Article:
[show abstract][hide abstract] ABSTRACT: We compared spectrophotometric analysis of the umbilical cords of infants with meconium aspiration syndrome (MAS) or with meconium-stained amniotic fluid (MSAF) and healthy infants. In a prospective study, 15 infants with MAS and 37 infants with MSAF were enrolled. Twenty healthy infants formed a control group. The absorption peak of umbilical cords with meconium was significantly higher in the infants with MAS or MSAF than in controls. Spectrophotometric analysis of the umbilical cords with meconium may be useful to identify developed neonates with MAS or MSAF.
Journal of Membrane Biology 06/2013; · 2.48 Impact Factor
[show abstract][hide abstract] ABSTRACT: Immune thrombocytopenic purpura is an acute, generally considered a self-limiting benign disorder with a 60%-80% change of spontaneous recovery occurring usually within a few months after onset. Intracranial hemorrhage is a rare but life-threatening complication of childhood immune thrombocytopenic purpura. We report a 4-year-old girl who admitted with headache, vomiting, bleeding from noise and bruises on the extremities. Her neurological examination was normal. Based on laboratory finding she was diagnosed immune thrombocytopenic purpura and intracranial hemorrhage. We suggest that cranial imaging should be perform in patients with immune thrombocytopenic purpura admitted with bleeding symptoms, vomiting and headache even if they had no abnormal neurological signs.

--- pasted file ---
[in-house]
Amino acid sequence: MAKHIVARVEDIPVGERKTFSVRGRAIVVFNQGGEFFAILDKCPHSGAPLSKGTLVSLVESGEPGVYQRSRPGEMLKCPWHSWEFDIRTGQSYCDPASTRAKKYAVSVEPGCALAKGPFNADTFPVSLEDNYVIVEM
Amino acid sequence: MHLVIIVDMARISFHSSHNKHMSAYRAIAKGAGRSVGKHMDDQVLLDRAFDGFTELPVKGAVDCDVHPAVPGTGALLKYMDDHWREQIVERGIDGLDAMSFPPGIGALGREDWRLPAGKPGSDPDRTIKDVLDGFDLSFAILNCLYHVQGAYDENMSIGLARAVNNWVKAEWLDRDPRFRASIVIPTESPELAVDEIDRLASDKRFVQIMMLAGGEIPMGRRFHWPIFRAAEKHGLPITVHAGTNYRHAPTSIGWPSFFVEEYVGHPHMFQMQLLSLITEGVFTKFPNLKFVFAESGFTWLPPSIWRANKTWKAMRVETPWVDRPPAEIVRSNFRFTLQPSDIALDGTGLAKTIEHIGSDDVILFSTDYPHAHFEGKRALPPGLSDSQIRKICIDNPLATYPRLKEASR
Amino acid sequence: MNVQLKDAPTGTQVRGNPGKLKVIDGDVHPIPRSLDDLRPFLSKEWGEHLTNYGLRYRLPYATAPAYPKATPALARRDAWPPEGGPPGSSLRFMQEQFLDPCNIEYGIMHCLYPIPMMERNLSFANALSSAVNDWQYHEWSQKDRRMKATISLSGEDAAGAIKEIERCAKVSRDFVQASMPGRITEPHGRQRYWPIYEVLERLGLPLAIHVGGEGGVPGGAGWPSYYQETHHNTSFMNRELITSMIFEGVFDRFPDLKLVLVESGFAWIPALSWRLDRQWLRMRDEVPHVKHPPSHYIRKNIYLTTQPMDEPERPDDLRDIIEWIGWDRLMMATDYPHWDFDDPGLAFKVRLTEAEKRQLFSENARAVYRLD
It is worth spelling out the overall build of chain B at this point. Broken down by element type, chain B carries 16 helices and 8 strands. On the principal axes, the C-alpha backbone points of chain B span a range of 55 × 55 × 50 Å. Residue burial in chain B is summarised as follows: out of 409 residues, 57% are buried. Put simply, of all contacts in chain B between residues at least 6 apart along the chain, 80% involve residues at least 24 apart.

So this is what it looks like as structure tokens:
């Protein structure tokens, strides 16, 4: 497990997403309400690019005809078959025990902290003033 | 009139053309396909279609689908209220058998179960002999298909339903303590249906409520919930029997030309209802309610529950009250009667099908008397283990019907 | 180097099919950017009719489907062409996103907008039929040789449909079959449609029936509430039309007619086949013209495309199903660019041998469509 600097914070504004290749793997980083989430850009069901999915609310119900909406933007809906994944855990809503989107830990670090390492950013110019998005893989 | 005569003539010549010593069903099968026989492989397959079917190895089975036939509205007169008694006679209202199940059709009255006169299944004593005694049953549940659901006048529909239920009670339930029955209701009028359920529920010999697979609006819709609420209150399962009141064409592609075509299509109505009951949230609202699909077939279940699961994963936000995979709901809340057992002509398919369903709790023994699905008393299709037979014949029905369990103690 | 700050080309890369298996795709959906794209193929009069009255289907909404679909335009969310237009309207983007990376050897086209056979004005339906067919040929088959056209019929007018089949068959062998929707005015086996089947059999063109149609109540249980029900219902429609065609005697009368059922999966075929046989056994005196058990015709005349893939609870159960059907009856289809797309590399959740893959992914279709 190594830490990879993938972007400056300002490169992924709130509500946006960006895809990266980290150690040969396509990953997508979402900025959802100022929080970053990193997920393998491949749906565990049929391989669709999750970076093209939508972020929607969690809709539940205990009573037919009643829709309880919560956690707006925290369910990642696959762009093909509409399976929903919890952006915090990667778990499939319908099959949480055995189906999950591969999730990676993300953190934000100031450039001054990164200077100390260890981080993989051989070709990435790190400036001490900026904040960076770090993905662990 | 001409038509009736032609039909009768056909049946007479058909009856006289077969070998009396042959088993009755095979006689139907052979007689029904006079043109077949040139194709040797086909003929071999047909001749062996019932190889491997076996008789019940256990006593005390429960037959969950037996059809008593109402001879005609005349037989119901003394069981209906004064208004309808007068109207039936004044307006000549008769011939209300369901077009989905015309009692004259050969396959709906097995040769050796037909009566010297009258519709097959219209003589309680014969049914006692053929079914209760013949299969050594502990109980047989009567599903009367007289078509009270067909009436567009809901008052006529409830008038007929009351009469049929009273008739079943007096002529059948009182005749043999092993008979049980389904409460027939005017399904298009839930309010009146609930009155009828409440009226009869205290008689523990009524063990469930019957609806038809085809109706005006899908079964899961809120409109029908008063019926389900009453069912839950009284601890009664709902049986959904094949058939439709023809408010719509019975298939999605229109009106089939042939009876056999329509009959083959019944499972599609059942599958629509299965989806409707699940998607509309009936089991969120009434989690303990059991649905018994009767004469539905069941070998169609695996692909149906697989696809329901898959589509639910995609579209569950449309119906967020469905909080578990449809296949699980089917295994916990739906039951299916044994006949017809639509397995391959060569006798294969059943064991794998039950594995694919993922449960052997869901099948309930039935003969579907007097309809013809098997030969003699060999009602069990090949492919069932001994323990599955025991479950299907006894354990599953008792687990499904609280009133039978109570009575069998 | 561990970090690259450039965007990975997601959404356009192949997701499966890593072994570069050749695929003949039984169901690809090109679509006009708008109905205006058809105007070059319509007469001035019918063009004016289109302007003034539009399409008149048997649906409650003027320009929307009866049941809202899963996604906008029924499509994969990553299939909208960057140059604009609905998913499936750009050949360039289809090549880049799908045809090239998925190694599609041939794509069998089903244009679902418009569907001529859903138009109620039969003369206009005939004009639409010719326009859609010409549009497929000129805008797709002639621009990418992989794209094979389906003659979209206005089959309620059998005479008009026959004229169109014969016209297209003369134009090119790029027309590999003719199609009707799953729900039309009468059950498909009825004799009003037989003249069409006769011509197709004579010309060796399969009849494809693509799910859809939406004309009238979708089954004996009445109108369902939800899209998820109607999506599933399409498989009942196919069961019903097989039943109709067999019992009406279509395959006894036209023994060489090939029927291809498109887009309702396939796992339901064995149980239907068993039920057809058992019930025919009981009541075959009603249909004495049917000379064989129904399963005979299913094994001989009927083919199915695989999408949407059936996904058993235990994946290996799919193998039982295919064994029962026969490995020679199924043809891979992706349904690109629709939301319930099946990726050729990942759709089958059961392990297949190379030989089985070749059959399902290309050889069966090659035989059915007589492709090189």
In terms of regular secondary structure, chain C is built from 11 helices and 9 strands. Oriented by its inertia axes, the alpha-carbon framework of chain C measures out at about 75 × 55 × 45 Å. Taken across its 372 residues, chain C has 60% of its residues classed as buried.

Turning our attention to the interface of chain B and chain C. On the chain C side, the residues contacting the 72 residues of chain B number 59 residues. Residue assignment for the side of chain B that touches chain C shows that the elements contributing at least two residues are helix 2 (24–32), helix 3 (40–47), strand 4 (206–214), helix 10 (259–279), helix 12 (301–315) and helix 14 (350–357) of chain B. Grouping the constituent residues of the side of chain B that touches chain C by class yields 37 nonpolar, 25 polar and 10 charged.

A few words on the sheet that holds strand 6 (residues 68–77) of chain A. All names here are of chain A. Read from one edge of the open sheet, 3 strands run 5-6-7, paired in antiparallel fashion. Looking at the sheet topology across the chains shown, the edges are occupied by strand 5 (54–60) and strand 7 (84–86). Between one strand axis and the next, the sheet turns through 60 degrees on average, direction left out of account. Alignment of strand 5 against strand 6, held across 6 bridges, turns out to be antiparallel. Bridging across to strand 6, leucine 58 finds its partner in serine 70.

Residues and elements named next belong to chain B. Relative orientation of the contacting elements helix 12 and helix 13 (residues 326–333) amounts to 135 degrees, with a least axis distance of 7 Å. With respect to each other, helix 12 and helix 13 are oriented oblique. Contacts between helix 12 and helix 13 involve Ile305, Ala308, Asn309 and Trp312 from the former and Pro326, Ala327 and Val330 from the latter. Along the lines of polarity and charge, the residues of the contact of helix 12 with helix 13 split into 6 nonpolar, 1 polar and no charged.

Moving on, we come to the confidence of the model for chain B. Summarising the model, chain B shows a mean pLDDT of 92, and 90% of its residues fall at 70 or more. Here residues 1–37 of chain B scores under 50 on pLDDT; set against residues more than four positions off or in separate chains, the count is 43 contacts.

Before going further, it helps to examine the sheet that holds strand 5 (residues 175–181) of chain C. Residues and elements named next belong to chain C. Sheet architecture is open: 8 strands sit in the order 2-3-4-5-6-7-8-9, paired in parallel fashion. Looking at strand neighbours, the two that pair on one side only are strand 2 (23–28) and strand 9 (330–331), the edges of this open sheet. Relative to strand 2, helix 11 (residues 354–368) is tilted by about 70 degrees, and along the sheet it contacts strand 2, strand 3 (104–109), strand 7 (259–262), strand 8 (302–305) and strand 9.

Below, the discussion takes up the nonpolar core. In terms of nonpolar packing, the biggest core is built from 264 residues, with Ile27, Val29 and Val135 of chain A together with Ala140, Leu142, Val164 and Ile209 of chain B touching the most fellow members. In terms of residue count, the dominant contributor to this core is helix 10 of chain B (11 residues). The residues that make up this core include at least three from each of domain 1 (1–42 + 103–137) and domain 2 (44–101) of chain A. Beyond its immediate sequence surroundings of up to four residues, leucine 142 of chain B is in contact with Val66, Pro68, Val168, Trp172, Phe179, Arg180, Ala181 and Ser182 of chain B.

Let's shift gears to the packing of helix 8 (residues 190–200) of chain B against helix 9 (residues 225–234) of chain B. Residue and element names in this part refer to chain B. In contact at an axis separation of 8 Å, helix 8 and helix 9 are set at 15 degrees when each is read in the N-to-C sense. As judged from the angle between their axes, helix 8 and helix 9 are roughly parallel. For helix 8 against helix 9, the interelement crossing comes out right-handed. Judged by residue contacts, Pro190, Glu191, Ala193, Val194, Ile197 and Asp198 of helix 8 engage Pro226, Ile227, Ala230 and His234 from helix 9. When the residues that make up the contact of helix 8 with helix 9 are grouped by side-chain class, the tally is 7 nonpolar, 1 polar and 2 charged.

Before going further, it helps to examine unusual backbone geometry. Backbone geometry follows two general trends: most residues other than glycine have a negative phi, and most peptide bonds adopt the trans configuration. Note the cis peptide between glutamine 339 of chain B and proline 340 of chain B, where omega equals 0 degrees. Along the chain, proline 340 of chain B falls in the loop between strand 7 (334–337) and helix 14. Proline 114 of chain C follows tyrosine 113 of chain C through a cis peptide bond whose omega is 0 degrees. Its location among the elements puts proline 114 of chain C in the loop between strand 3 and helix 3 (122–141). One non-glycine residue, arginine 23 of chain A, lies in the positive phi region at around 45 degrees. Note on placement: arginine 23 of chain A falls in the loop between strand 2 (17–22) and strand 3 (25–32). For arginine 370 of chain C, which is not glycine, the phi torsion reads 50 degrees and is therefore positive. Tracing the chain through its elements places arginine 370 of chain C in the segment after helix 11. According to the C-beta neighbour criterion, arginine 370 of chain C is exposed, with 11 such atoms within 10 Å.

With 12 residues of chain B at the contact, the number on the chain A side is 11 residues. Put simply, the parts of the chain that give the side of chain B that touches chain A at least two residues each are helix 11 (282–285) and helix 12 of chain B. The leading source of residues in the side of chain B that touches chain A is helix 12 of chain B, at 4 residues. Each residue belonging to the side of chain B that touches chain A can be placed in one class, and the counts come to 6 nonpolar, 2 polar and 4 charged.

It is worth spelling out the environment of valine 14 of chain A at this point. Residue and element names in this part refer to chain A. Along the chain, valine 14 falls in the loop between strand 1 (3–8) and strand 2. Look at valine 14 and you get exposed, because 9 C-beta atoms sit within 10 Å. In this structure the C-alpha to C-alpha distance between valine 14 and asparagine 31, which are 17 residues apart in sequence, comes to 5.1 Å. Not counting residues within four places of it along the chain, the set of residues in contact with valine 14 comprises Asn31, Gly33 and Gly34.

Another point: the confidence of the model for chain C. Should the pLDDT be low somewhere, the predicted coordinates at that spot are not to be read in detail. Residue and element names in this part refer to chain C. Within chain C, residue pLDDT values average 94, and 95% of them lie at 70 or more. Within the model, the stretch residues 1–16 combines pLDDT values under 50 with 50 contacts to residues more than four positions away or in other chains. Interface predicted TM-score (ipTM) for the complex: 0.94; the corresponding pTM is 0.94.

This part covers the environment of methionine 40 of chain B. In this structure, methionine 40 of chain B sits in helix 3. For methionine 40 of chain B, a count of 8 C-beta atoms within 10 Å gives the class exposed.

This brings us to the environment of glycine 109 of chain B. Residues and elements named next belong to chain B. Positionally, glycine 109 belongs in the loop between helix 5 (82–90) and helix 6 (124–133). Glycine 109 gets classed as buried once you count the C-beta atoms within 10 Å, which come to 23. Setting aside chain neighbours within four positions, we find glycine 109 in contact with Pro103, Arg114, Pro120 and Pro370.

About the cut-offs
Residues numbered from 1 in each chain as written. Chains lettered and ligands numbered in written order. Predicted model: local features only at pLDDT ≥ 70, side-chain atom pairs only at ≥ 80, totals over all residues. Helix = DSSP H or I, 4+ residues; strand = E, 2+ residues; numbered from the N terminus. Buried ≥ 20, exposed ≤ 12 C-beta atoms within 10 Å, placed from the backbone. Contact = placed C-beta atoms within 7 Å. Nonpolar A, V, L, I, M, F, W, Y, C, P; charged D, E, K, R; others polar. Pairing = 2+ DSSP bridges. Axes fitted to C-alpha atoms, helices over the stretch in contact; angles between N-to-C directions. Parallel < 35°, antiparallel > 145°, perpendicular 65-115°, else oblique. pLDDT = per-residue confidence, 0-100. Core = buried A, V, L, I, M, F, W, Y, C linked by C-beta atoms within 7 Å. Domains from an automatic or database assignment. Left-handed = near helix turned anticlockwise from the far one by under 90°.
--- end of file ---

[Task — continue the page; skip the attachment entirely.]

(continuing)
[show abstract][hide abstract] ABSTRACT: Varicella zoster virus causes varicella which is a common disease. Generally it is self-limiting, and treatment is often unnecessary, but severe or life-threatening complications are rarely seen. We report a case of fulminant varicella complicating with purpura fulminans, hepatitis, and probable rhabdomyolysis in a previously healthy child.
[show abstract][hide abstract] ABSTRACT: Febrile seizures (FS) are the most common cause of seizures in children. The exact etiopathogenesis is unknown but involves factors like genetic predisposition and alterations in the levels of neurotransmitters and some trace elements. The study includes 48 consecutive children with FS, and 55 healthy age matched control subjects. Calcium, magnesium and potassium concentrations in the febrile study group were lower than in the control group (p<0.05). Iron and Gallium levels in the study group were lower than in the control group (p<0.01). Serum Selenium (p<0.001), Zinc (p<0.001) and Strontium (p0.05). The aim of the present prospective analytical case-control study was to determine whether there was any change in element levels in children with FS (Ref. 33).
Bratislavske lekarske listy 01/2012; 113(7):421-3. · 0.47 Impact Factor